Colloquium Series, Fall-Spring 2011
Let them Eat Rats! Pestilence and Politics in Postwar Philippines, September 14, 2011, Wednesday, 2:00-3:30 p.m., Moore Hall 319 (Tokioka Room).
Patricio N. Abinales, Ph.D.
University of Hawaii at Manoa
The most commonly cited most serious threat to the Philippines after World War II was the Partido Komunista ng Pilipinas (PKP), which purportedly planned to launch a series of "military offensives" to topplle the newly-established Republic. But equally significant was the "widespread irruption of rat populations [following] a rapid expansion in the amount of land cultivated to rice." Read more...
Weaponizing Language: US Counterinsurgency and the Politics of Translation, Co-sponsored with the History Workshop, Department of History, October 7 (Friday), 2:30-4:00 p.m., Sakamaki Hall A201.
Vicente Rafael, Ph.D.
University of Washington
Much has been written recently about the rise of counterinsurgency stressing the "protection of the population" as the preferred strategy of the U.S. in its permanent "global war on terror." This talk will focus on two of the most prevalent tropes in the discourse of counterinsurgency: the "weaponization" and "targetting" of foreign languages. How is the counterinsurgent notion of languages as "weapons" and "targets" linked to the strategic imperative of deploying translation as a means of colonizing the lifeworld of occupied populations? Read more...
Peace Warriors: The Slow Transformation of the Armed Forces of the Philippines in Muslim Mindanao, October 12 (Wednesday), 12:00-1:30 p.m., Moore Hall 319 (Tokioka Room).
The talk explores how the Philippine military has undergone a major orientation shift when it comes to fighting the separatist insurgency in the Muslim zones of the southern Philippine island of Mindanao. Criselda Yabes was allowed to embed herself with different units of the Philippine armed forces for long duration and the result of her exposure is the recent publication of her latest book Peace Warriors: On the Trail with Filipino Soldiers (Anvil, 2010). The book is the only one of its kind that looks at the Philippine military from within. Yabes will discuss what accounted for this shift in orientation and its implications on the future of the war in Mindanao. Read more...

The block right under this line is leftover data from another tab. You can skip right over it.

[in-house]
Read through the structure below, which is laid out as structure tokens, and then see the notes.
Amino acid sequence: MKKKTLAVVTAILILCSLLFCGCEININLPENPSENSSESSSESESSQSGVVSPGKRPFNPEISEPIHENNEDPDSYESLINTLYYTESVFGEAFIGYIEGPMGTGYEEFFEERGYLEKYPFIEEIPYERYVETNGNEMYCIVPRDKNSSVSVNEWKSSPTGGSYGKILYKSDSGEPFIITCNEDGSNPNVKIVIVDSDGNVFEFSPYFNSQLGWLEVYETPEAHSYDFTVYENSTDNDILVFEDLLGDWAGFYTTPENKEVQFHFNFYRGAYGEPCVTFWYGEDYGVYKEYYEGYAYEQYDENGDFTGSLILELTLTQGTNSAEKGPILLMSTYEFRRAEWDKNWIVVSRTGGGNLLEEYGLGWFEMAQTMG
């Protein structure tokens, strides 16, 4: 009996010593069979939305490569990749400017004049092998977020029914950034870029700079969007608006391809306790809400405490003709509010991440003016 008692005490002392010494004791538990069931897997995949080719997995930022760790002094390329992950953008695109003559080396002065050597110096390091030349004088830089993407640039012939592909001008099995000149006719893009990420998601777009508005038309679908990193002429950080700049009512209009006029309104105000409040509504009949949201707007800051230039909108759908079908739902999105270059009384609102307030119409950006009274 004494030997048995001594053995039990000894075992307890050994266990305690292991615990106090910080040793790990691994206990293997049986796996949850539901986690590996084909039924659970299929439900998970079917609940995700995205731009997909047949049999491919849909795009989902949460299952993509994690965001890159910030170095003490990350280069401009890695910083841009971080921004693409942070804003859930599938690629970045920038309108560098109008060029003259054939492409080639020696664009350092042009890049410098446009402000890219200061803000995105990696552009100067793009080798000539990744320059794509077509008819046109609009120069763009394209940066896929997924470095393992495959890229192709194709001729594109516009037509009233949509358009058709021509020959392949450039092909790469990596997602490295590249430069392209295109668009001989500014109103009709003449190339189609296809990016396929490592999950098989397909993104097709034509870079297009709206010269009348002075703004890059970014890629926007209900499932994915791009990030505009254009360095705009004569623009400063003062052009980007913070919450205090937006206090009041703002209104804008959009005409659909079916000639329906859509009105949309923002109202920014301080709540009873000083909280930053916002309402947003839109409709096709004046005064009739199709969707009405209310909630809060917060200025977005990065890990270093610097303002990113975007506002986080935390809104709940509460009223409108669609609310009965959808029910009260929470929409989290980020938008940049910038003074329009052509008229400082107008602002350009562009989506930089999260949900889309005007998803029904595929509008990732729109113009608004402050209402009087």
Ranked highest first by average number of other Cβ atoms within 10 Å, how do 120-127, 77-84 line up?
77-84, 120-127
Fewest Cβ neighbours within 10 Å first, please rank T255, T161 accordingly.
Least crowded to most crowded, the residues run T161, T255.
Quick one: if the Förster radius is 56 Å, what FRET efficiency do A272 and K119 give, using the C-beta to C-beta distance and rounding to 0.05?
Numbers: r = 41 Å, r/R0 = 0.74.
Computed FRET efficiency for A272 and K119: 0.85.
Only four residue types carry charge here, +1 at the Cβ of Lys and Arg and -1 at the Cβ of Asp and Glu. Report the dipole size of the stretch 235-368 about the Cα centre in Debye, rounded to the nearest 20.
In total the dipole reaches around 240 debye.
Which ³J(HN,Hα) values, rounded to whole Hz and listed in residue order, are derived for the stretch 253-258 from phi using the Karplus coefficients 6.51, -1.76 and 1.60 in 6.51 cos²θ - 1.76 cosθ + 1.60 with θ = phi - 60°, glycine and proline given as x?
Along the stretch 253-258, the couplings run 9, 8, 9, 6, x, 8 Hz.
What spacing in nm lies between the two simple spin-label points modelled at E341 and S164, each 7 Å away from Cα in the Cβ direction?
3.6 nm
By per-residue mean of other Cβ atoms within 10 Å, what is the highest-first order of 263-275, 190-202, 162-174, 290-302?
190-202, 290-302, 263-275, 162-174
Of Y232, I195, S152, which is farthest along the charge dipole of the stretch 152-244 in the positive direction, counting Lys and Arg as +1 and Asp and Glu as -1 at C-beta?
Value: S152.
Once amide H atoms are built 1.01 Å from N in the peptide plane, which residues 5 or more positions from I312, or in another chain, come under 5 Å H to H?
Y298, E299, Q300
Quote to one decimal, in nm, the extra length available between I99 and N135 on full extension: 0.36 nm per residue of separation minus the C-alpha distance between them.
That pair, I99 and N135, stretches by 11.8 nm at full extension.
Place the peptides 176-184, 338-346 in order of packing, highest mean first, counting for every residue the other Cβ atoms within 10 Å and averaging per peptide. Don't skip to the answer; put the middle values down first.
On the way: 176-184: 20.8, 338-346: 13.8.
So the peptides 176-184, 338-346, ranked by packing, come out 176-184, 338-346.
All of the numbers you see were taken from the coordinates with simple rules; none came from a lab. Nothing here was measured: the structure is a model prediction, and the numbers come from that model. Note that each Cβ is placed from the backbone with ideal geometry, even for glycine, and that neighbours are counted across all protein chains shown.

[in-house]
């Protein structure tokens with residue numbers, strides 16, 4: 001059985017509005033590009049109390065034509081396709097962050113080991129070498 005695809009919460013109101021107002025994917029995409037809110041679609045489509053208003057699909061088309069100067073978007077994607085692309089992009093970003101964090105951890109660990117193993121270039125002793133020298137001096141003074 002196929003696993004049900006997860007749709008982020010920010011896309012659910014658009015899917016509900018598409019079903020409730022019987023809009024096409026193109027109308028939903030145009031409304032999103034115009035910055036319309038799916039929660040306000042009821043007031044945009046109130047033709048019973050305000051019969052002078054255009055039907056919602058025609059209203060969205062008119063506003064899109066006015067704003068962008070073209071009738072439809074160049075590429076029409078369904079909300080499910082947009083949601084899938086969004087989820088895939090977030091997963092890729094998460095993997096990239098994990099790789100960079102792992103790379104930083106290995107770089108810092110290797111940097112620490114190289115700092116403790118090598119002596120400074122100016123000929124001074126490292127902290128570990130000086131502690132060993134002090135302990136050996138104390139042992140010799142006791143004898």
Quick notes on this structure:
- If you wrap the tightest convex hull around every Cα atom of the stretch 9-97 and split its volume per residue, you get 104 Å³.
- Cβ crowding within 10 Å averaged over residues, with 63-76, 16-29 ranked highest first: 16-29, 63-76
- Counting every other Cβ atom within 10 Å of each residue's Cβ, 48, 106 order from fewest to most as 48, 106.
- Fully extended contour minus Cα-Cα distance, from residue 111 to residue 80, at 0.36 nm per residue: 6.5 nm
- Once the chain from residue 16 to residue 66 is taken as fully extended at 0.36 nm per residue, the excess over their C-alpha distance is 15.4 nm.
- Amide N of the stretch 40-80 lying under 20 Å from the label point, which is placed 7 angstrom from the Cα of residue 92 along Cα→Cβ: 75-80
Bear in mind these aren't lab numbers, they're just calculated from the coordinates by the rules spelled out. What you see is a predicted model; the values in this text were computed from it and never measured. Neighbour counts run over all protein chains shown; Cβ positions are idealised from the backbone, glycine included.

The San Remegio, Cebu Excavations: Notes from the University of Guam 2011 Archaeological Field School, Co-sponsored with UH Department of Anthropology, November 2 (Wednesday), 2:00-3:30 p.m., Moore Hall 319 (Tokioka Room).
Stephen B. Acabado, Ph.D.
University of Guam
The archaeology of the island of Cebu in the Philippines has recently received increased attention from local and international scholars. The support provided by the local government and the presence of a robust heritage and historical programs in Cebu-based universities has made research in the island-province conducive to collaboration among local and international archaeologists. An example of this collaboration is the recently concluded University of Guam Archaeological Field School in San Remigio, Cebu, a collaborative training and research project between the University of Guam, the National Museum of the Philippines, the University of San Carlos (Cebu City), and the University of the Philippines- Archaeological Studies Program (Quezon City).
The field project excavated an 'Iron Age' burial site in San Remigio, Cebu, located on the northwestern tip of the island. Excavations provided ecological, landscape, and cultural data on the 'Iron Age' of the island-province. More importantly, the project provided the first secure Cebu Iron Age radiocarbon dates. I will present the preliminary findings from the 2011 field season of the San Remigio, Cebu archaeological project. Read more...
Also, please see a video of Dr. Acabado's presentation, below:
Geopolitics in APEC: the Philippines, China, and the US Pacific Command, Co-sponsored with Women's Studies Department, November 10 (Thursday), 5:00-6:30 pm., Architecture Auditorium. Reception follows at 6:30-7:30 pm, Saunders Courtyard.
Walden Bello, Ph.D.
Representative, Philippine Congress